LIPA will resolve a looming South Fork power shortage through an offshore wind farm, $500 million in transmission-system upgrades, two large batteries and temporary gas-powered generators — at a cost to average ratepayers of around $1.20 a month, officials said.

LIPA will ask its board of trustees to allow it to negotiate a contract to buy energy from a 90-megawatt wind farm to be built by Deepwater Wind 30 miles from Montauk Point, according to chief executive Thomas Falcone.

The state late Tuesday asked LIPA to postpone a board meeting scheduled for Wednesday and LIPA agreed.

Falcone declined to specify the cost of the contract, which he said could be finalized by sometime early next year. But he said the $1.20-a-month cost for average customers when all the proposals are in place was the least expensive of several other proposals. The wind farm would be operating by December 2022.

At 90 megawatts, the Deepwater Wind farm would be considerably smaller than a 350- to 700-megawatt project LIPA has already proposed for the waters off Long Beach, which the New York State Energy Research and Development Authority recently took on as lead state agency to bid on a lease. The Deepwater project, in federal waters off Rhode Island, already has secured a lease.

The South Fork power recommendations, which LIPA will take up at a trustees meeting in Uniondale, follows months of analysis of dozens of proposals by PSEG Long Island and review by the state Department of Public Service.

The South Fork solution includes 8.3 megawatts of demand reduction, which offers incentives to customers to install special thermostats so the utility or a contractor can remotely adjust the temperature during peak-use periods.

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Even as LIPA moves forward to negotiate a wind-farm contract, PSEG will begin a series of system upgrades that will help reduce bottlenecks and allow power from the proposed wind farm to flow westward on the grid when the East End doesn’t need it. The cost of those transmission system upgrades, including four new underground cables and upgraded substations, is just over $500 million by the time they’re completed in 2026.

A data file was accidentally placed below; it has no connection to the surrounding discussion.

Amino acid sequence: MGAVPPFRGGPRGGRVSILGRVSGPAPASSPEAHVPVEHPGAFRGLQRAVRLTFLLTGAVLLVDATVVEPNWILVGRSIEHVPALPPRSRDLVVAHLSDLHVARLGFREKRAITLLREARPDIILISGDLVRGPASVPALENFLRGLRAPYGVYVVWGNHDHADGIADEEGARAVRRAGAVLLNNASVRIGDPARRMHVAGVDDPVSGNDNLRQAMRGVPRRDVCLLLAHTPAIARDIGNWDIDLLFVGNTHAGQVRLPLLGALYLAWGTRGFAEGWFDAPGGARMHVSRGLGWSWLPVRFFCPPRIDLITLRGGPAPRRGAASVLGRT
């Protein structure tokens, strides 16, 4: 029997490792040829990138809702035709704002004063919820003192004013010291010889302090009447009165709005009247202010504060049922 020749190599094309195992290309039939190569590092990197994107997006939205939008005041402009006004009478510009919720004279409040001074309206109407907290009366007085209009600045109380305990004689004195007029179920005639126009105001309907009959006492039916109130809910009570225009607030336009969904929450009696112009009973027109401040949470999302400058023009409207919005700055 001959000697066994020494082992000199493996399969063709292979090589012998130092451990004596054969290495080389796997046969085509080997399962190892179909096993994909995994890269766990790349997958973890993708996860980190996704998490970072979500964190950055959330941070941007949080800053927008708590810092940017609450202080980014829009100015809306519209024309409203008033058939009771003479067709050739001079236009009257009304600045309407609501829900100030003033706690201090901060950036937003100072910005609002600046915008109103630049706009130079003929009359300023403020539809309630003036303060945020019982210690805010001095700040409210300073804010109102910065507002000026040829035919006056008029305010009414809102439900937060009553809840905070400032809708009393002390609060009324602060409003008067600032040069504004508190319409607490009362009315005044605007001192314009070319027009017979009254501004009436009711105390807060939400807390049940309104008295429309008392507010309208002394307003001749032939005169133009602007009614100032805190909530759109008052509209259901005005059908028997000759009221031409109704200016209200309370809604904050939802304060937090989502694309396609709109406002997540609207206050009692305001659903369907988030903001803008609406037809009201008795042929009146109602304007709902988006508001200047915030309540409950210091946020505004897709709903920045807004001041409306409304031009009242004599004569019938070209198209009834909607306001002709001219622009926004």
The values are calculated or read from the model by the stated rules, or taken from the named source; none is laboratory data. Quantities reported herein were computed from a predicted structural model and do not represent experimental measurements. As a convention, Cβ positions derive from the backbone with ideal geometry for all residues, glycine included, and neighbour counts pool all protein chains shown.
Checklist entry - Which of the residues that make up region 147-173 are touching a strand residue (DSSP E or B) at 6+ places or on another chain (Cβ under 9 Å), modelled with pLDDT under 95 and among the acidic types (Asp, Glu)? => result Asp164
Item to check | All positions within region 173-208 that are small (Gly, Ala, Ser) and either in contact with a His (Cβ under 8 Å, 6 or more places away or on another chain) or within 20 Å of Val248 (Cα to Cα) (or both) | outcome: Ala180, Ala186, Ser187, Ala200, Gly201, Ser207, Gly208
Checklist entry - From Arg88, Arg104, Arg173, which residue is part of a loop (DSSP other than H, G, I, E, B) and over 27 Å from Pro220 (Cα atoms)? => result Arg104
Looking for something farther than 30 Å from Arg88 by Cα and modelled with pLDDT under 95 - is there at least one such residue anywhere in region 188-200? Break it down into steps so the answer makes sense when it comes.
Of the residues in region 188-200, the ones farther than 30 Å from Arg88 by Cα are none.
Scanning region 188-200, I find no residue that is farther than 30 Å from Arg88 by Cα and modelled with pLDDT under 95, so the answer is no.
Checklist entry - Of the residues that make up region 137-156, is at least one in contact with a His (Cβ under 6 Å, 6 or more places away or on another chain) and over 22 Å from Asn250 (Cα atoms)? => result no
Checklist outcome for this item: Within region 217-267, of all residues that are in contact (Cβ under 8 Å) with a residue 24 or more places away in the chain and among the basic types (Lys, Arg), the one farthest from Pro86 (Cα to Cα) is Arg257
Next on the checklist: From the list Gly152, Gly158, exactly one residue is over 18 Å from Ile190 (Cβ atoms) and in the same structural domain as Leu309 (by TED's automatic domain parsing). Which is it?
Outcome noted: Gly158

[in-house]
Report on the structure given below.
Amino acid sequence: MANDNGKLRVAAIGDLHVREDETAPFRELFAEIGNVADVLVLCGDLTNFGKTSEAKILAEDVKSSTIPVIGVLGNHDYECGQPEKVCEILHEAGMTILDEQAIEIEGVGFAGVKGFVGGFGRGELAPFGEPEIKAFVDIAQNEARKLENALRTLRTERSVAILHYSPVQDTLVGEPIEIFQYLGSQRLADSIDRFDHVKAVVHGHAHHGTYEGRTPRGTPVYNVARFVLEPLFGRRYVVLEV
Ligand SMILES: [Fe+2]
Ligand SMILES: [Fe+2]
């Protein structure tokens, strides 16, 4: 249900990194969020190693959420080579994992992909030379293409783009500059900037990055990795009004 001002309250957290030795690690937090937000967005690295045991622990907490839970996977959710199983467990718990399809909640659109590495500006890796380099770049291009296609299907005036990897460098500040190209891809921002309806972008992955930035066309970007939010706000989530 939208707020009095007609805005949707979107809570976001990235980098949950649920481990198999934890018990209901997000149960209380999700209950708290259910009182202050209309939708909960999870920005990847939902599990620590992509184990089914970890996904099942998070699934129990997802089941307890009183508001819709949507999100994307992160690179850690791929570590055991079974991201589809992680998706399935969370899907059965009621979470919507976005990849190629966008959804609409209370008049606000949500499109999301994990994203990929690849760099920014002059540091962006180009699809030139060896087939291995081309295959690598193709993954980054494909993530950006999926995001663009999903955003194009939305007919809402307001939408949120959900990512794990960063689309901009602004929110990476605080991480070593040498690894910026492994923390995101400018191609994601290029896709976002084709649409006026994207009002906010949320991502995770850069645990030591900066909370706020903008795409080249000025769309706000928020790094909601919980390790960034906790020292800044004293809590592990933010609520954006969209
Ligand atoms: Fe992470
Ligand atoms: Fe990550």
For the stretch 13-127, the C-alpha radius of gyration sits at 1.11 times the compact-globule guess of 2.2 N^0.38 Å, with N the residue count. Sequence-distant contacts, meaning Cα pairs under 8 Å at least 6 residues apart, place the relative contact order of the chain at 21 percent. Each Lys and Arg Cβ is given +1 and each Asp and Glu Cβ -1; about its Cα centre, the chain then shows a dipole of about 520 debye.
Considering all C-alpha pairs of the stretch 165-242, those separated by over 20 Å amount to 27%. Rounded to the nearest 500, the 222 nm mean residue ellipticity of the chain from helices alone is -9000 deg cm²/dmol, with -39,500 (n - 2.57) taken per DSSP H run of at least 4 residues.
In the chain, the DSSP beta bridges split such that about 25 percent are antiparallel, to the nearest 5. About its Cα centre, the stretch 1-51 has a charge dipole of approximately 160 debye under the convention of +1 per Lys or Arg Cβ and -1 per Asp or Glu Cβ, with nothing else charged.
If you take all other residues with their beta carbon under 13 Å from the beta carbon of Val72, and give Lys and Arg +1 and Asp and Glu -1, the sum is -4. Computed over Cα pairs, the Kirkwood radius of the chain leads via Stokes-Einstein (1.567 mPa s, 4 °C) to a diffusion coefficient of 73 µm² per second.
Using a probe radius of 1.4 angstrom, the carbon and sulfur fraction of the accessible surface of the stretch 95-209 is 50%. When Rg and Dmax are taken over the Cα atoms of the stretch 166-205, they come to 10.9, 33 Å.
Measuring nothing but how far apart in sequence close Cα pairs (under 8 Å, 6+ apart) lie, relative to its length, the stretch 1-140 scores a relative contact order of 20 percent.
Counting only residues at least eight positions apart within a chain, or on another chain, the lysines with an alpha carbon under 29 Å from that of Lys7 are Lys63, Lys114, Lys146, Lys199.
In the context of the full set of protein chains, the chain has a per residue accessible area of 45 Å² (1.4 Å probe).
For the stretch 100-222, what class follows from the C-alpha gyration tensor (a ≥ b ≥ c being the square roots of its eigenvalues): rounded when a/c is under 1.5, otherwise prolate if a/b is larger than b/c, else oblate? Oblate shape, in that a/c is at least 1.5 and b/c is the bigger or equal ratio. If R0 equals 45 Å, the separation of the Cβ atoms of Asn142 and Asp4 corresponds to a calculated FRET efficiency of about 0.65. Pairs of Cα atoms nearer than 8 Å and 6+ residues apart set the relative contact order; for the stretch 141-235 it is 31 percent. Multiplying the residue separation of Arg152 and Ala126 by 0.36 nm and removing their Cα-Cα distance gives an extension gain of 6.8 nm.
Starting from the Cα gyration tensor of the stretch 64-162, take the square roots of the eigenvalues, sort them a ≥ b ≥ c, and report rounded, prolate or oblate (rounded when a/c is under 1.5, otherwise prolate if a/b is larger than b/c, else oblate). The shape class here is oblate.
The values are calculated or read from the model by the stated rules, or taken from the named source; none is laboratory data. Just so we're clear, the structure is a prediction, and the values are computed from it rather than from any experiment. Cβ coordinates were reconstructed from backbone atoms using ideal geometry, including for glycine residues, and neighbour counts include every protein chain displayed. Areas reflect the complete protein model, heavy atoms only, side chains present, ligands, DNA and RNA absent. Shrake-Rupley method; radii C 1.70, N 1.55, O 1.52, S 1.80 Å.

“With the transmission upgrades it [power from the wind farm] can be transported across the system,” Falcone said. He said the plan will also require “temporary” fossil-fuel generators in East Hampton and Montauk until 2019.

The cost of the solutions is from $67 million to $90 million a year after the wind farm and other technologies are completed. The net customer bill impact is $2.48 a month, though LIPA said the incremental bill impact is $1.20 a month.

LIPA staff’s selection of the wind farm drew praise from environmental groups such as the Sierra Club and Renewable Energy Long Island. Gov. Andrew M. Cuomo in a statement said he “strongly encourage[s] the trustees to once again demonstrate New York’s leadership on climate change” in approving the wind farm.

Not all groups were pleased. Bonnie Brady of the Long Island Commercial Fishing Industry said, “I think LIPA is under a lot of political pressure to make things happen, but I think LIPA still has a duty to represent Long Island and our coastal fishing communities, and Long Island consumers who would be expected to pay much higher prices, for a feel-good measure that has nothing to do with the facts of industrialized offshore wind energy on our ocean waters.”